After successfully making a pair of BurdaStyle shorts at the weekend (and thanks for all the lovely comments!) I decided to forge recklessly ahead and make trousers from a BurdaStyle pattern. Only to come up against the mystery of the fly closure. I’m sure part of the problem here is that Burda’s instructions are not the clearest. They probably make perfect sense if you’ve made trousers before. But right now I am not even sure where to add seam allowance to the pattern (Burda magazine patterns come without any built in), never mind how to actually construct the fly. The one in the picture above is from an old pair of RTW shorts I have.
My usual standby reference book, The Dressmaker’s Dictionary, only covers constructing the fly for mens’ trousers using a very complicated method. The word silesia was mentioned. That didn’t sound good.
Vogue Sewing‘s instructions don’t seem to match up with my pattern pieces. It’s implied the two front pieces aren’t the same shape, but mine are.
Next I reached for Sew U (a brilliantly simple book that cuts straight to the chase) and found excellent instructions there…but for a fly that’s a mirror-image of the usual womens’ version. What’s going on there?
I finally found some clear instructions of the correct handedness in The Dressmaker’s Technique Bible. But I’ll definitely be following Elizabeth in making a few samples before trying this in my good fabric!
22 thoughts on “The mystery of the fly closure”
Sandra Betzina has a good method. I use it each time I do a fly front. Here’s the link to the video:
I like to be generous with the extensions – having them extra wide doesn’t hurt anything, but having them be too skimpy makes it difficult.
That’s a great tip, thanks. I will bear that in mind.Better to have to trim a bit off later than cut it too small to start.
My favorite method of fly insertion is by Sandra Betzina:
She makes it very clear and simple. If you have already cut your fabric without the fly extensions, you can sew them in and then follow her method.
Ah right – I wonder if that’s the ‘two piece fly’ I have seen some references to. Useful to know, thank-you.
Here’s another really clear (and widely used) tutorial:
Ta, that’s a very helpful link. This is starting to make some sense now.
Ohh, I am looking forward to seeing your progress on this front. And thanks for the shout out!
I’ve never made Burda pants, so I’m no help with their fly instructions. One thing to keep in mind with various instructions, is they do make some assumptions about how deep the zipper is set beneath the lap, etc. This may be why they are harder to find seperate from the actual pattern. Men’s flys and even some women’s ready-to-wear are the mirror image, but if you found instructions you like in that version, you can just reverse them and use them for the orientation you want. If it’s any help, I did take pictures of installing a fly by Ottobre’s instructions here: http://www.flickr.com/photos/jne4sl/sets/72157626128559281/
I really like their technique, probably because I’ve done it so many times, but it may be slightly different from what you need.
Thanks! That makes it so much clearer what is going on with the seam allowances.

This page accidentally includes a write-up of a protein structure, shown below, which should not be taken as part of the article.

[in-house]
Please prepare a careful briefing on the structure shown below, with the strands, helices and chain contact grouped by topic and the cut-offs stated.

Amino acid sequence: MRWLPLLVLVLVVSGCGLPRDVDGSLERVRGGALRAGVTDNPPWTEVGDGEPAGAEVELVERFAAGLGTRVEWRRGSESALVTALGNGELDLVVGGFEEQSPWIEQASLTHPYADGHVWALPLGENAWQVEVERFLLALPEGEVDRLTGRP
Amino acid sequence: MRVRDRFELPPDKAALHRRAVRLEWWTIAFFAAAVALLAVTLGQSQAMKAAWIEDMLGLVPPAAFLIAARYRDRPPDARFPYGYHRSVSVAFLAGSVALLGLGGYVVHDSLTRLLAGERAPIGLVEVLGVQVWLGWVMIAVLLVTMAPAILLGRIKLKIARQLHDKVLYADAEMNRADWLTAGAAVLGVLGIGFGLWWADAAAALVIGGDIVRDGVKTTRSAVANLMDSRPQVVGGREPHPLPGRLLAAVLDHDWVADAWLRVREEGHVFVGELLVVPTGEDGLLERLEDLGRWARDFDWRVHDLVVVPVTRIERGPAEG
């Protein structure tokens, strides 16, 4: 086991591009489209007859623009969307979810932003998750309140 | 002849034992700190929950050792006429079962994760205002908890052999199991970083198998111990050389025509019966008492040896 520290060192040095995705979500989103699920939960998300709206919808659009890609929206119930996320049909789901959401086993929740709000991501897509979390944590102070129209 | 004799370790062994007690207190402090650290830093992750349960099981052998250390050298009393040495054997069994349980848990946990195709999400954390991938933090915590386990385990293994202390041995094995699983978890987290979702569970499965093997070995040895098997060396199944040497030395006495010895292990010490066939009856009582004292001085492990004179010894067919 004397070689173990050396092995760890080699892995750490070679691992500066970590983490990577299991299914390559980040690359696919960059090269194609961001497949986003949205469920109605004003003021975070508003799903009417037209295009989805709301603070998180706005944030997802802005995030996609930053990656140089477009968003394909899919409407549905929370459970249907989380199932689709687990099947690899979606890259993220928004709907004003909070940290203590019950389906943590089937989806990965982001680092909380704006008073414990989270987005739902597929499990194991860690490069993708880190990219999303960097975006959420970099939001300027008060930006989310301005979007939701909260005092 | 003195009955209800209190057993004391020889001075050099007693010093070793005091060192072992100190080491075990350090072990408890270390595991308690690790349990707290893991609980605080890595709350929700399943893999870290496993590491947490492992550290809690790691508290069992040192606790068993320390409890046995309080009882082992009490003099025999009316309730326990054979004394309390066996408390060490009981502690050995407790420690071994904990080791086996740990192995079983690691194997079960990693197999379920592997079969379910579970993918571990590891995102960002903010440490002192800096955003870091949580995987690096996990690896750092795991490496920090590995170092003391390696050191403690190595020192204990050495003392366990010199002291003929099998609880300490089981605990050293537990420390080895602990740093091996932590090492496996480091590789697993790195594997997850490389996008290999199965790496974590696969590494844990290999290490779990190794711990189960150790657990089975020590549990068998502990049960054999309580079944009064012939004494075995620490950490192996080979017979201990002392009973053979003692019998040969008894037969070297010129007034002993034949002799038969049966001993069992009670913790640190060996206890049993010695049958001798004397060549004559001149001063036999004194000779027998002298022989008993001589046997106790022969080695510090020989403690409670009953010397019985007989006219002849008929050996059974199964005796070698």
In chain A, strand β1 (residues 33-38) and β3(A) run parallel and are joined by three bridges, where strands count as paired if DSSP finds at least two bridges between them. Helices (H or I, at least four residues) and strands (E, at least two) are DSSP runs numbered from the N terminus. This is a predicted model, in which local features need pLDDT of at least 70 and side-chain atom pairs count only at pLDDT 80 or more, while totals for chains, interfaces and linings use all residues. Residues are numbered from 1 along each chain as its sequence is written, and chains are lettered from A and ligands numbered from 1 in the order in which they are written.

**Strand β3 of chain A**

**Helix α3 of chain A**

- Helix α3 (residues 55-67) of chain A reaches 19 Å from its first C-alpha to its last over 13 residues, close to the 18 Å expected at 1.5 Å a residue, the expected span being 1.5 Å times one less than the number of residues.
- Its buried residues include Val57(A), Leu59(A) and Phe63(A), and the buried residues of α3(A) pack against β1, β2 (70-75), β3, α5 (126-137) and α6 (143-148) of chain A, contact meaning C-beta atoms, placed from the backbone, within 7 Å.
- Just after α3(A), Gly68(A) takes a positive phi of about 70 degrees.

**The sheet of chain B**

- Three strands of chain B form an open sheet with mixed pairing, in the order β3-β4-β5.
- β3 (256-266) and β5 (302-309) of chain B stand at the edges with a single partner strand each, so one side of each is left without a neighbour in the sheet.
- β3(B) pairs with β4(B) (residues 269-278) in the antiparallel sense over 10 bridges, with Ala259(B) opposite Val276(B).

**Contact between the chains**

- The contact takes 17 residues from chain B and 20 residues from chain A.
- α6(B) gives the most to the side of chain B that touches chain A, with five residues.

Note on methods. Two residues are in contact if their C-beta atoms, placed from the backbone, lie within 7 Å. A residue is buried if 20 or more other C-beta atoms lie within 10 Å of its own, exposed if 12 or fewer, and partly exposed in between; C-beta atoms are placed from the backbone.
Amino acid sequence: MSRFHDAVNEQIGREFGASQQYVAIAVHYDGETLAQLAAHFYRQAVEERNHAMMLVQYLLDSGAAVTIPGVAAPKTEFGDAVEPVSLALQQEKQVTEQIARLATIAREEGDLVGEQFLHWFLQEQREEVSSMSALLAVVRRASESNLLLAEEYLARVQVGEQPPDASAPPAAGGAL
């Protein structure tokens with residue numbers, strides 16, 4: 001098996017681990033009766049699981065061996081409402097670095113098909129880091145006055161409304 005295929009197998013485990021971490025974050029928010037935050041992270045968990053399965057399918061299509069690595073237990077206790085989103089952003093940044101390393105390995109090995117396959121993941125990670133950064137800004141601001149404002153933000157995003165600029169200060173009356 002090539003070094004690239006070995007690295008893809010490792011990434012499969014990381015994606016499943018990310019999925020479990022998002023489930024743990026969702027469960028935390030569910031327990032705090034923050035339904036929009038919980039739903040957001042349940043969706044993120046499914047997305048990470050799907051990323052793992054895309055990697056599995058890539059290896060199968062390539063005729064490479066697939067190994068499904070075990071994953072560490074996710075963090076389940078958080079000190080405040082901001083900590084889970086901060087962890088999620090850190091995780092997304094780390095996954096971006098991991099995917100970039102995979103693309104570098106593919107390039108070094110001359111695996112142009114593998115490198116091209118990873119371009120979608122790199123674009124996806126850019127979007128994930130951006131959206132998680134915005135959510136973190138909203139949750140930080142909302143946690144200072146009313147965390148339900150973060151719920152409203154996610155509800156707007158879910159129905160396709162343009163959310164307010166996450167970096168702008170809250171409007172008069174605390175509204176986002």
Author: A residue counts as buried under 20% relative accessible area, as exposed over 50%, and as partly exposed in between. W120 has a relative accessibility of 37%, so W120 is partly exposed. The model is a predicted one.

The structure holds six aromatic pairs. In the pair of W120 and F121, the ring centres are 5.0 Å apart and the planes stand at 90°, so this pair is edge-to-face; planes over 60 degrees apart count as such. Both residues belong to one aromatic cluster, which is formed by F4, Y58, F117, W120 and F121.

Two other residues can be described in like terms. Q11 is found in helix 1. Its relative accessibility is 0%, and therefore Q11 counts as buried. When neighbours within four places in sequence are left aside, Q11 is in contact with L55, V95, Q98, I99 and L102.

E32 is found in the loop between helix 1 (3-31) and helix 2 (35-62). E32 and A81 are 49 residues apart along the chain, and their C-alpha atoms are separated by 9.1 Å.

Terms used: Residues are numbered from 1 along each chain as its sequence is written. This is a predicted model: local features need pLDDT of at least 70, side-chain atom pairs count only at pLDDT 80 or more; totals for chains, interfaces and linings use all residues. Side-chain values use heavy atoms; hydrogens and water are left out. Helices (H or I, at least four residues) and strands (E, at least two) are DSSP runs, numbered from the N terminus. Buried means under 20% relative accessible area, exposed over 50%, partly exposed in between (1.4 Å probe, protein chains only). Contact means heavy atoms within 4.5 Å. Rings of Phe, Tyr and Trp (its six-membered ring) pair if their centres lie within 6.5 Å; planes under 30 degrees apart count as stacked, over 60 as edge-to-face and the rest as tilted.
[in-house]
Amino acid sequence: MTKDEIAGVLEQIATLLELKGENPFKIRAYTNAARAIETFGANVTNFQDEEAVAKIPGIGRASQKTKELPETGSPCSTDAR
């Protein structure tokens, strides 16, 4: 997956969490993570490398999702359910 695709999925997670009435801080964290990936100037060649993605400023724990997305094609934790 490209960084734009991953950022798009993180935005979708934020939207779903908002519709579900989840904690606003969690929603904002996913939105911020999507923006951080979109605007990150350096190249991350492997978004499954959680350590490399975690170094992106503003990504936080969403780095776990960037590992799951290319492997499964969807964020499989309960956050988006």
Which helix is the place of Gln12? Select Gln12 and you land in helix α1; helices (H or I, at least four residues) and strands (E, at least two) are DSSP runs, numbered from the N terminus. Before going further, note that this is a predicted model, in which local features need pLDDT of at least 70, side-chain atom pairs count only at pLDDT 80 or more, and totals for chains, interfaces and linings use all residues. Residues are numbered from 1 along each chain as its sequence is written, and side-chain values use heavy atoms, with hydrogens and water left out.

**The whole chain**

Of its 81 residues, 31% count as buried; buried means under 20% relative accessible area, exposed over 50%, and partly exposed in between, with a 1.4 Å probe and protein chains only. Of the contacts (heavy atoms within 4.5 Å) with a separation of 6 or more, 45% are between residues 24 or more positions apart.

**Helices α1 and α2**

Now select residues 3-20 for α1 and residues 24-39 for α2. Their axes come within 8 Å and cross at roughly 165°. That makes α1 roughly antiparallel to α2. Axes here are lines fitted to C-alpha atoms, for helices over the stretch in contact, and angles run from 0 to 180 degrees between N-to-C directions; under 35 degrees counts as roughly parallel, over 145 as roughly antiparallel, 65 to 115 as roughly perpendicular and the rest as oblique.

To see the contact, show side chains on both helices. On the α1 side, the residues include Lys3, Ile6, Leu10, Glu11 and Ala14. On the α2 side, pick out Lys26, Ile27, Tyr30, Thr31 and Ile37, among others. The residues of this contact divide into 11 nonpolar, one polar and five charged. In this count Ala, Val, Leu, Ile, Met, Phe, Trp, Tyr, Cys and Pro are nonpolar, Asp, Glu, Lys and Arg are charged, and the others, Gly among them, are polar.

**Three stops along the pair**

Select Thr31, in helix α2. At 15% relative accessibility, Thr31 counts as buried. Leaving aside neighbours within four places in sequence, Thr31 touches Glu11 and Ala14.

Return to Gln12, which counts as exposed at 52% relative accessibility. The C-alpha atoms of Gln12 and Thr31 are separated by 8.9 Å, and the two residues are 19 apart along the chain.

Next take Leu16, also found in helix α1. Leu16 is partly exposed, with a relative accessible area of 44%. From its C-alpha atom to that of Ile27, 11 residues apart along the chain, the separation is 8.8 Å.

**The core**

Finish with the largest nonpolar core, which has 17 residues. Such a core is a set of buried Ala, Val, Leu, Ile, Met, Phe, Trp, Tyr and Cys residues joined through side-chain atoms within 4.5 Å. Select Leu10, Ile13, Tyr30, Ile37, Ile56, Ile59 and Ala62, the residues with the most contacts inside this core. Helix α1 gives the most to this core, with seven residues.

Watch this: http://www.threadsmagazine.com/item/3831/video-an-easy-flat-fly-front-zipper
Take a look at the method I descried in my blog here http://wp.me/p2dYBd-nl . I hope it helps
Thanks! Will give that a read. I find methods with pictures much easier to follow than words.
Ditto with Jennifer’s comment – Ottobre’s instructions are the best! Happy to scan and email if you want.
Thanks! I really must give Ottobre a try, I keep hearing such good things about them.
‘kay. Scanned them in. Please email me so I can send them in response. Or direct me to an email link or something (didn’t find one in your ‘about’ section).
Fly’s are intimidating, and every time I make a pair of pants I’m always careful to borrow a Vogue patterns Claire Schaeffer set of instructions. I cannot imagine putting in a fly zip following Burda’s cryptic writing. Good luck to you! I’ve never used any of the links others have suggested, but once you put this first fly in, it’ll be like any other zipper – just a bit more fiddly because of the topstitching.
Sandra Betzina’s instructions are the best ones I have ever used (and I am very old, so that’s a lot). Definitely follow the links others have given you. Good luck. (oh and practise first on some scraps, but you probably know to do that already!).
I found this so confusing as well when I made my first pair of trousers–I used a mix of following Sandra Betzina, my Reader’s Digest Complete Guide to Sewing and The Easy Guide to Sewing Pants. It took me three days to figure it out nonetheless.
I found your blog this week and I am in awe of your projects. I have just started trying to remember how to sew after a 20-year hiatus!
I cannot help with the zip insertion, but Silesia is the name of a historical region of Prussia, split between Czech Republic, Germany and Poland today. It is also the name of a lining fabric of years gone by, which I guess is more to the point!
Yes, I am a nerd!
Hi and welcome! From the description of the method I imagine silesia is quite structured?
Indeed, it is quite sturdy and twill-like.
I can recommend Anna Zapps method for fly zippers.
I used it for my denim skirt and got an amazing result.
It’s my go-to method for fly zips now.
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